And it is not as if the right has a monopoly on anti-Semitism. There are also left-wing anti-Semites. For example, anti-Semite Louis Farrakhan, who met with Sen. Barack Obama, and met more recently former President Bill Clinton (who shook hands with him and chatted with him at a funeral they attended). As the USA Today article notes, Farrakhan recently called Jews “termites” and talked about “Satanic Jews who have infected the whole world with poison and deceit.” But no one has attempted to tie all Democrats to the shooting, simply because Farrakhan’s hateful rhetoric about Jews is occasionally approved of or borrowed by white nationalists who also dislike Jews.
It is not just Republicans that the Washington Post hates. It has recently promoted hatred toward entire groups of people, such as men and whites. On Oct. 12, it published a hate-filled, bigoted rant from a left-wing retired professor. “I hate all men and wish they were dead.” Earlier, it published a racist, hate-filled op-ed by Charlotte and Harriet Childress. They falsely claimed that “nearly all of the mass shootings in this country in recent years … have been committed by white men and boys.” This is simply false. As a writer noted in the Philly News at the time:
Mass killings have also been committed by nonwhites, such as Virginia Tech shooter Seung-Hui Cho, Beltway sniper John Muhammad, Long Island Rail Road shooter Colin Ferguson, and Wisconsin’s Chai Soua Vang.
Contrary to the false impression left by the Washington Post, “mass shooters aren’t disproportionately white,” and “white people” are not “overrepresented among mass shooters,” as the Washington Post’s own sister publication, Slate, recognized.
The Pittsburgh shooting is not the only mass shooting that the Washington Post has made false claims about. A Washington Post reporter recently peddled a false left-wing claim about the 2011 Tucson mass shooting. This claim was recognized as baseless long ago even by many liberal journalists. The Post claimed that the 2011 shooting of Congresswoman Gabby Giffords (D-Ariz.) was inspired by a right-wing mob. As Hot Air notes, the claim was made by “Paul Kane, who’s spent years covering Congress for Washington’s most prestigious newspaper.”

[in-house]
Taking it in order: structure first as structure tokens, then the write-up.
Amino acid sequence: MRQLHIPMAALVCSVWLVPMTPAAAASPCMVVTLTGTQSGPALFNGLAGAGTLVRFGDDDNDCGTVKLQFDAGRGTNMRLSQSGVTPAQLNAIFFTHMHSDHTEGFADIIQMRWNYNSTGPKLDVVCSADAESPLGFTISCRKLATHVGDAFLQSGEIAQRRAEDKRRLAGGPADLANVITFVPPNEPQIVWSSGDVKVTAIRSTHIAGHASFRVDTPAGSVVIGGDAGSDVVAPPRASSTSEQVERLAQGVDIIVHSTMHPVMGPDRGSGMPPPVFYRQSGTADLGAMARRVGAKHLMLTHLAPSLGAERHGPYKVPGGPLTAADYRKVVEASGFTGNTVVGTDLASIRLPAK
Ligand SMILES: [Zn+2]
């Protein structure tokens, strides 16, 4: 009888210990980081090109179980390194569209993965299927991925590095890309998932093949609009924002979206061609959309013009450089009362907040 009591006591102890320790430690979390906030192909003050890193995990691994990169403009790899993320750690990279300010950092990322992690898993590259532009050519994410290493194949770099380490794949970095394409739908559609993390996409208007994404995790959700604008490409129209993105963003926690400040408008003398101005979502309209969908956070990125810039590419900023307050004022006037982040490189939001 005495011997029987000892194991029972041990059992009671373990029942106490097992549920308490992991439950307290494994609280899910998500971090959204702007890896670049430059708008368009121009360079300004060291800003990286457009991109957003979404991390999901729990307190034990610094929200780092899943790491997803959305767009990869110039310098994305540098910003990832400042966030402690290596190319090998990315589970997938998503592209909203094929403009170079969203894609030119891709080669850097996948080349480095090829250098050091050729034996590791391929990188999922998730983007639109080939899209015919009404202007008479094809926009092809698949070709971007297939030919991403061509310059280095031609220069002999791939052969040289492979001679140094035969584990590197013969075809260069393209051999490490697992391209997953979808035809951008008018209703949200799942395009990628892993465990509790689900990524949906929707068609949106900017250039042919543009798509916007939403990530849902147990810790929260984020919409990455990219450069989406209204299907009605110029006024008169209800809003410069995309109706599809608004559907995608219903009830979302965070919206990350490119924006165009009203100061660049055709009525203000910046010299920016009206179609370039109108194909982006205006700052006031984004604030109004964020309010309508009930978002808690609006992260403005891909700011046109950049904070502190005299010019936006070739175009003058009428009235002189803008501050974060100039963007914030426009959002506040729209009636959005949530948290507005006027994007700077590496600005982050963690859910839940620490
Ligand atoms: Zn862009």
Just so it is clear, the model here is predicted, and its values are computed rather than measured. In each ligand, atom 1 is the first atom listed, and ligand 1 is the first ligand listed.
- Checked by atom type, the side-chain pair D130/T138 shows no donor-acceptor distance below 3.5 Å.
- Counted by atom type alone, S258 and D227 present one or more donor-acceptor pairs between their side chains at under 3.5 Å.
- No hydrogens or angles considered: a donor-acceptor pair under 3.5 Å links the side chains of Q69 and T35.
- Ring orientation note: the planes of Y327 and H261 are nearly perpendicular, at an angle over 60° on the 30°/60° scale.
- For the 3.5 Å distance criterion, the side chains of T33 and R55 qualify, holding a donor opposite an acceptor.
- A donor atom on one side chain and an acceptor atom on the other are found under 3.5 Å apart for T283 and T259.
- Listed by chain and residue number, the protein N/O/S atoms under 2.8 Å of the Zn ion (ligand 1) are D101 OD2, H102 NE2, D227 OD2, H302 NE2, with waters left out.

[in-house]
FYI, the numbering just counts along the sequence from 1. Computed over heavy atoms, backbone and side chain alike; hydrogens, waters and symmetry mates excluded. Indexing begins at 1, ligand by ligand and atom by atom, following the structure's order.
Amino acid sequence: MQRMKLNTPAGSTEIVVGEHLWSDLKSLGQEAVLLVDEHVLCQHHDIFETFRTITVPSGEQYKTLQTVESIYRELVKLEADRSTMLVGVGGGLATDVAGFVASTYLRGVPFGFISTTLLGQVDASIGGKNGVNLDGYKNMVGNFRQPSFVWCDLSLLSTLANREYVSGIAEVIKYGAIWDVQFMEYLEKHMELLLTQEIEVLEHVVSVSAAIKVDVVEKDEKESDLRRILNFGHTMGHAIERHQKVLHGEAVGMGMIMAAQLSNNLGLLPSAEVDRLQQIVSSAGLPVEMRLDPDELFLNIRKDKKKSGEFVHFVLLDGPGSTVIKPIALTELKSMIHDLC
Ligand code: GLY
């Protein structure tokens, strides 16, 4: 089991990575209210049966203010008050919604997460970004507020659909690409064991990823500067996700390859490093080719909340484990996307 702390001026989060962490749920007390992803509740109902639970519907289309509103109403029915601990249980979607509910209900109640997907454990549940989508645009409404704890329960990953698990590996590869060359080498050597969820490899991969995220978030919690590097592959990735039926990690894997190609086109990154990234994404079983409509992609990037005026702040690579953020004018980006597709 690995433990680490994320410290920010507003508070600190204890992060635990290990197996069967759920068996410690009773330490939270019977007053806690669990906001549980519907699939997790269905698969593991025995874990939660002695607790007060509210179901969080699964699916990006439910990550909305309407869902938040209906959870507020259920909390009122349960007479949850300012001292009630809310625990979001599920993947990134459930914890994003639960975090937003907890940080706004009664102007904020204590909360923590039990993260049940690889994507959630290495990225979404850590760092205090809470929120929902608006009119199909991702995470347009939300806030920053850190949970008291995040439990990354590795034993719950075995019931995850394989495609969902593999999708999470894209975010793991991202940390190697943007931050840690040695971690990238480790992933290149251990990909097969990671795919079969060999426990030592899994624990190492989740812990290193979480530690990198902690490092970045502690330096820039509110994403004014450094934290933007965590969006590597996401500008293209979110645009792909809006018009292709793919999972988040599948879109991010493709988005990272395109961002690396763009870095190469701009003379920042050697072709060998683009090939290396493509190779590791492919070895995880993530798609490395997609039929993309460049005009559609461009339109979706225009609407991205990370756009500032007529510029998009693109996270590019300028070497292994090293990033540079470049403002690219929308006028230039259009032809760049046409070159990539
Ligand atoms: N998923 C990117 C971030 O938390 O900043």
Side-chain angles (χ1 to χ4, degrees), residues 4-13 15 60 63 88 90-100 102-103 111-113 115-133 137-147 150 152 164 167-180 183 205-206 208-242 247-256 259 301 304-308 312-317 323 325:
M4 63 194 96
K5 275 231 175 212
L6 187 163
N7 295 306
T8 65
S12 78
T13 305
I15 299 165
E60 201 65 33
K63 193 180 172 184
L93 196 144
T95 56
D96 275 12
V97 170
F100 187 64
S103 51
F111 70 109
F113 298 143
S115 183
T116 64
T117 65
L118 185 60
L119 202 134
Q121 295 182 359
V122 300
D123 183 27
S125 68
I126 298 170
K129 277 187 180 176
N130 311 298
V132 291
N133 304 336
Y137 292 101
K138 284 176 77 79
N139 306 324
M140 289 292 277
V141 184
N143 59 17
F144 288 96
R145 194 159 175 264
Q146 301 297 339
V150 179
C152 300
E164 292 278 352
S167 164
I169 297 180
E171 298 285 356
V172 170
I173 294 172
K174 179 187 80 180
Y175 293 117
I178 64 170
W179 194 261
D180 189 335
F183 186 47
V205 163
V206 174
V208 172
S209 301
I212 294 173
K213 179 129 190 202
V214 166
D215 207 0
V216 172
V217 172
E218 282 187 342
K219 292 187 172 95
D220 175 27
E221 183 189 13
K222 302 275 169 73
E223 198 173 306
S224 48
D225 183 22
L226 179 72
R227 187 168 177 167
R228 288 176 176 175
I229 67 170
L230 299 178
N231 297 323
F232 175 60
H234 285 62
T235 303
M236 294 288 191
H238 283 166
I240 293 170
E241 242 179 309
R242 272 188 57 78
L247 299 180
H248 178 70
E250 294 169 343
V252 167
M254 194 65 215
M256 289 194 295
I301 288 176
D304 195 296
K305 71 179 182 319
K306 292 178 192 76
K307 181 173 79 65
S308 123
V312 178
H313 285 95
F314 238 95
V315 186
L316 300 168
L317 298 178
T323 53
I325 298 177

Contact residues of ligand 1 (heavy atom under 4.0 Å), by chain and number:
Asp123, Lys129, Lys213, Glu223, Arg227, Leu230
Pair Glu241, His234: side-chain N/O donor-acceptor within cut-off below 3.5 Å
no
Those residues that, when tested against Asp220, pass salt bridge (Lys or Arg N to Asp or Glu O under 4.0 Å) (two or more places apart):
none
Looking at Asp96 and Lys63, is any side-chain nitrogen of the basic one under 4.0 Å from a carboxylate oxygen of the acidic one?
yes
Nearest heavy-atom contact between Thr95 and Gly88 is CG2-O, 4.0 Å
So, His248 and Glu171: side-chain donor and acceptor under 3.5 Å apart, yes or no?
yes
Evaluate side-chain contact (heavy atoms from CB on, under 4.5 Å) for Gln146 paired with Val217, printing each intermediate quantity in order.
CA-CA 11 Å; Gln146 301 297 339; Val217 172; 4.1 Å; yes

Kane retracted this claim, but only after it had been retweeted by many other progressives. He retracted it only in the face of immediate protests from readers. One noted that Kane’s claim was contradicted by one of The Post’s own op-eds from years ago, when The Post was less left-wing than it is today.
In reality, Giffords, who survived, was not targeted based on her ideology. She was shot in a mass shooting that also took the life of GOP appointee John Roll, a federal judge. Both of them were shot by a bizarre loner, Jared Loughner, who did not follow conservatives such as Sarah Palin or the Tea Party. One of Loughner’s favorite books was The Communist Manifesto. But there is no evidence that political ideology played a role in Loughner’s shooting of Giffords and Roll. Indeed, Loughner may have been motivated by bizarre non-ideological obsessions with things like grammar. He said the government was engaged in “mind control” by “controlling grammar.”
Accuracy does not seem to be a concern for the Washington Post these days. For example, it still has not corrected its false claims about the scope of federal evidence rules and the legal definition of sexual assault that readers of Liberty Unyielding brought to its attention a month ago.